After I saw the trailer for Amon Tobin’s worldwide ISAM (Ver. 2.0) live tour, I knew this was an opportunity to be challenged, engaged and amazed as a live music attendee. It was apparent this was going to be less of a typical concert or show, and more of an ambitiously crafted audio/visual experience that would engage and stimulate my senses. But let’s start from the beginning…
Besides the fact that this show promised to be utterly fantastic by itself, I was excited that Holy Other would be opening. I arrived at the venue to see the producer shrouded by darkness minus a single green light shining over him and his equipment. Oozing from the speakers were relaxed, bass-heavy ambient electronic beats with sensual R&B-esque vocals, emitting a backdrop for late night vibes. The generous use of reverb in his production added to the spatiality and the dreamy nature of the music. Songs like “Touch” and “Know Where” were two such chilled out pieces that I was very glad to hear. Holy Other’s music is relatively tranquil and it was kind of difficult to tell if the crowd was enjoying it as much as I was. In fact, I don’t think I’ve ever heard music that “slow” at a show and as an opener no less. It was quite interesting (and I’m sure intentional) to juxtapose a minimalistic set (in terms of audial complexity and visual dynamism) with the maximalist set to come.
Building up to the main event, ambient sounds were played until the curtains were drawn and the stunning 25′ x 14′ x 8′ multi-dimensional 3-D art installation was unveiled. This installation took up the entire stage of the venue, and everyone was anxious to undertake the fantastic audio/visual journey by Amon Tobin and his talented crew.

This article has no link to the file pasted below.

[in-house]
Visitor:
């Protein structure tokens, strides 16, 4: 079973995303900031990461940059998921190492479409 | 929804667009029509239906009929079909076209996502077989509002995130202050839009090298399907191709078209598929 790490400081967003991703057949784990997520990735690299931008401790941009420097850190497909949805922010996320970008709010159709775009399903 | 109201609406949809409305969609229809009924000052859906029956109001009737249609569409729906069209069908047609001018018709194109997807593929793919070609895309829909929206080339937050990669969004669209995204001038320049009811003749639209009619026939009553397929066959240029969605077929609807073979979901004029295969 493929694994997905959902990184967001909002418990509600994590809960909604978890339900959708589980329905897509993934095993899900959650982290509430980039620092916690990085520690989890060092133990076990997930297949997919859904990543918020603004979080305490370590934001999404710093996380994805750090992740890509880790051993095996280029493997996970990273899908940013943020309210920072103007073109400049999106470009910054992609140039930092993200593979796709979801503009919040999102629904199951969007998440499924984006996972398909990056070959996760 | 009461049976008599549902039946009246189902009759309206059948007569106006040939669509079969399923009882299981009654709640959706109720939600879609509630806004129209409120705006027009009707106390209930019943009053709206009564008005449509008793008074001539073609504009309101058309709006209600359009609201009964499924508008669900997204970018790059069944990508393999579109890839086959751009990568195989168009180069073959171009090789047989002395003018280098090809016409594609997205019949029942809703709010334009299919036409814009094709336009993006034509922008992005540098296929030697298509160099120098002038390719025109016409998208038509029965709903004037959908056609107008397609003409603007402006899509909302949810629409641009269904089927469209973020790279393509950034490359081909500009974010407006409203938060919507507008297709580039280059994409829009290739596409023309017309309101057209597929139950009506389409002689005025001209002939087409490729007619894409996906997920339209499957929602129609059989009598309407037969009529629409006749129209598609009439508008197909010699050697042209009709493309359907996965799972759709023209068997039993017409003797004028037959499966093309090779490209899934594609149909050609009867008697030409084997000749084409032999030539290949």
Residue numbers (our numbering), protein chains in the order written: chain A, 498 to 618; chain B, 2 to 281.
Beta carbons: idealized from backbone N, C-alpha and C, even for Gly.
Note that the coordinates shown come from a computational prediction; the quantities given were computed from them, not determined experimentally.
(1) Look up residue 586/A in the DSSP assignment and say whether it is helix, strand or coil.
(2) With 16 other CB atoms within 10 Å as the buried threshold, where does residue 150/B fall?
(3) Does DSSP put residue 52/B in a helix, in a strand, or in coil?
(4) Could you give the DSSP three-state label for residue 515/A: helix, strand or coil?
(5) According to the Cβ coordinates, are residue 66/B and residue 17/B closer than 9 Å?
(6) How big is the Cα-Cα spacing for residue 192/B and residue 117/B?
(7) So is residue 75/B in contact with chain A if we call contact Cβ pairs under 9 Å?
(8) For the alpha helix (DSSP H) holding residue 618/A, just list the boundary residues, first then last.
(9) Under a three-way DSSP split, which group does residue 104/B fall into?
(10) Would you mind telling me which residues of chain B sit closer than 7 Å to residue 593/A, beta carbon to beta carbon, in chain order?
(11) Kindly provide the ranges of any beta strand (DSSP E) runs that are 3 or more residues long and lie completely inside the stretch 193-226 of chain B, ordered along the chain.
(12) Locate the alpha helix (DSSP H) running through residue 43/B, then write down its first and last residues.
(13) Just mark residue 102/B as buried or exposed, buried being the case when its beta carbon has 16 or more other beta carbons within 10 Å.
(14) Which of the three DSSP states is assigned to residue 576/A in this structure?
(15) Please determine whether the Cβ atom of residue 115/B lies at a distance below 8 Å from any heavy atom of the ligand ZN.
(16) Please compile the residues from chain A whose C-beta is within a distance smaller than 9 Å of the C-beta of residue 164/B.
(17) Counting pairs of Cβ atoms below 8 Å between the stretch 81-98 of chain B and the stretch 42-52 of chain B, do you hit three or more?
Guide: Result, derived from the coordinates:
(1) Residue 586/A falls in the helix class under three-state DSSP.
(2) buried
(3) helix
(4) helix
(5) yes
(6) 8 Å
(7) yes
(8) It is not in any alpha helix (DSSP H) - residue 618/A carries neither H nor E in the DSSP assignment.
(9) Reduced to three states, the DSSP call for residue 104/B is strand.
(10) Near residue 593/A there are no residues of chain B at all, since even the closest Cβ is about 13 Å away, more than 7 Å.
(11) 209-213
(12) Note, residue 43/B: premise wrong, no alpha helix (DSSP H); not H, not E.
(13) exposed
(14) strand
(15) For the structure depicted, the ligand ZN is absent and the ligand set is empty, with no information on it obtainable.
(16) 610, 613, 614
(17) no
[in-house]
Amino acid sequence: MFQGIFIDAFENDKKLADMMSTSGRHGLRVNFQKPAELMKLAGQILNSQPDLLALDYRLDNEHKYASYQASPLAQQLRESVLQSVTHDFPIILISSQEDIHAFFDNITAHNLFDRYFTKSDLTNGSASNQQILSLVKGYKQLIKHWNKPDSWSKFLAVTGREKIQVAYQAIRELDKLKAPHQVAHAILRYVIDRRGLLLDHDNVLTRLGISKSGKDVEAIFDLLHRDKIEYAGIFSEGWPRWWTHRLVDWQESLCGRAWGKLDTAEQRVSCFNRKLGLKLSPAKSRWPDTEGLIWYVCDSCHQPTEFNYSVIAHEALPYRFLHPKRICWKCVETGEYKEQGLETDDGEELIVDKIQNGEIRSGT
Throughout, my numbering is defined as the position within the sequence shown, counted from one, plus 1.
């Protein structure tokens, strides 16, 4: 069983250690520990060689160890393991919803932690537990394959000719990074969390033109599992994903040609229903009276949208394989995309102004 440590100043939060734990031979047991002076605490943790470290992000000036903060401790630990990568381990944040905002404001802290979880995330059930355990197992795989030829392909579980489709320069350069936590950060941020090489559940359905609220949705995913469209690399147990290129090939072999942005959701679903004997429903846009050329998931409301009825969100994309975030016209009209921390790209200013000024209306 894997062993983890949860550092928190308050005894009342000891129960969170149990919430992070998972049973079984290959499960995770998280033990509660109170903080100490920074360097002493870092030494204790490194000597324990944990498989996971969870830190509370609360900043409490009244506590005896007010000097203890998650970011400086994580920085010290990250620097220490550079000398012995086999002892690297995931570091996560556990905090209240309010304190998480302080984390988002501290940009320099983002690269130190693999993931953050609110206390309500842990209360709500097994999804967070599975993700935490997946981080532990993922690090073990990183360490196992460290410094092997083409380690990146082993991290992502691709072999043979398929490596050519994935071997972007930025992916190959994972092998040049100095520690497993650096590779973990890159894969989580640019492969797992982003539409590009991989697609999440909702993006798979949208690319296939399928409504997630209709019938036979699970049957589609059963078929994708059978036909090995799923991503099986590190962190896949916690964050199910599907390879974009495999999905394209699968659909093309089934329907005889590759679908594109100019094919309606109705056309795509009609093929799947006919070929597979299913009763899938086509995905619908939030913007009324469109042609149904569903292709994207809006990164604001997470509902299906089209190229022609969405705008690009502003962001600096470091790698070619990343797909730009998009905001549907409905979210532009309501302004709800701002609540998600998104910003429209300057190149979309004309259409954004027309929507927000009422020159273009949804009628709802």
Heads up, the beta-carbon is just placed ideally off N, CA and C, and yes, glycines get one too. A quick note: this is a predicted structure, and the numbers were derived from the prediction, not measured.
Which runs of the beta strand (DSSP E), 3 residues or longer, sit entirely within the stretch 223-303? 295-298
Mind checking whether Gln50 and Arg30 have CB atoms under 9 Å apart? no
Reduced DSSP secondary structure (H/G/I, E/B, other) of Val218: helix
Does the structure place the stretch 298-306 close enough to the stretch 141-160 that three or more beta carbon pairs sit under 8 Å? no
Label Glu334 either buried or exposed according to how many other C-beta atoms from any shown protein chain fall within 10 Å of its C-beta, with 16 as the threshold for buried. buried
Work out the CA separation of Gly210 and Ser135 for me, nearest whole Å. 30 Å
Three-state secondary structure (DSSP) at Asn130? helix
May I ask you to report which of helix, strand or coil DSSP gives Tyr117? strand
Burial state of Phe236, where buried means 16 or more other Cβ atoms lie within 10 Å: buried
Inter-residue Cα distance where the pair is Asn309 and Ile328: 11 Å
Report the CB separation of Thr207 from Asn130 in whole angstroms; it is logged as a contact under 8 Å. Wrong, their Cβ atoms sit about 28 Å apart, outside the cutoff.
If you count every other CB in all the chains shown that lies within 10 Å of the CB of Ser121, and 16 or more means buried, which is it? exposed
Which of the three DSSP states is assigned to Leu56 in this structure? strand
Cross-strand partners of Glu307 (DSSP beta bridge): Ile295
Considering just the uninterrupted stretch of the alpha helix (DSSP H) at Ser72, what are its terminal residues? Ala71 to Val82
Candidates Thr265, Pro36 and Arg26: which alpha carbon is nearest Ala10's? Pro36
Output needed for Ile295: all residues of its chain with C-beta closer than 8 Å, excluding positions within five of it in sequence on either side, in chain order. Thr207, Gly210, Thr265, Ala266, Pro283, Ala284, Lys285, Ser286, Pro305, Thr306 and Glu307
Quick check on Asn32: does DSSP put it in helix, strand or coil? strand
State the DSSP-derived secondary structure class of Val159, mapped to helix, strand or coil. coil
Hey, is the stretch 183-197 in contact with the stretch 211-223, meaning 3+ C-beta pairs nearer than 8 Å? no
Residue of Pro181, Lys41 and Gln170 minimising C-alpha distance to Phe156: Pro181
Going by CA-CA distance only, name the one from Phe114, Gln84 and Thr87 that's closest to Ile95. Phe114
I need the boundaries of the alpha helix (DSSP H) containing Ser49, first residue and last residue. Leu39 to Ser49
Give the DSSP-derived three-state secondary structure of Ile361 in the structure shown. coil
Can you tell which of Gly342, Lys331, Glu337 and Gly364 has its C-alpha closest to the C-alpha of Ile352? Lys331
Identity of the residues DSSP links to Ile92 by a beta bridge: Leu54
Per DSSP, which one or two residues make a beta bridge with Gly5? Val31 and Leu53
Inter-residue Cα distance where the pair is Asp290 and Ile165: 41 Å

Amon went on to play, manipulate and orchestrate his newest album ISAM in its entirety. As time has gone on, Amon has evolved his music from electro-breakbeat, jazz to edgy video game/film scores to his current offering of innovate, futuristic, and experimental electronic soundscapes. To tell the truth, it’s kind of difficult to describe this audio/visual experience, as it seemed to have a life of its own. Often, what was heard would not be considered to be music by many, as the electronic atmosphere would evolve and morph – an organized chaos of mechanical & industrial noises, spacey melodies and electro-organic essences, incorporating elements of experimental electronica, dubstep and downtempo. While one is trying to comprehend what their ears are hearing, a mind-blowing visual display of stellar graphics, futuristic imagery and psychedelic asymmetry is perfectly synced to the music.
In the center of the installation, Amon was appropriately dressed in an astronaut’s suit. He brought this creature to life. The sound system would growl and you’d feel the bass in your chest. Pristine melodies would sing and swirl into your ears. The 3-D nature of the installation was entrancing, immersing the audience into some of the spectacular scenarios only slightly captured by the pictures I was able to take below (check out the trailer for better representation).
As Amon stepped out from his command center in the heart of his breathtaking display, the crowd was audibly pleased with what had just been experienced. As an extended reward, Amon performed two encores, which drew upon material prior to ISAM and were distinctly more “musical.” His first set was comprised of edgy, drum and bass while incorporating low-end breaks, which fueled the crowd to get crazy and dance. Meanwhile his second encore set, was more of a throwback to his earlier days of jazzy, experimental downtempo. Overall it was a chill way to wind down from the previous charged set and the overall maximalist main event, which had transpired just a short time ago.
Amon Tobin and his visual crew have pioneered the future of live music experiences, and I’m extremely glad to have made it out. I can’t wait for ISAM (Ver 3.0) and beyond.
– Submitted by Jesse Nathason, Music Design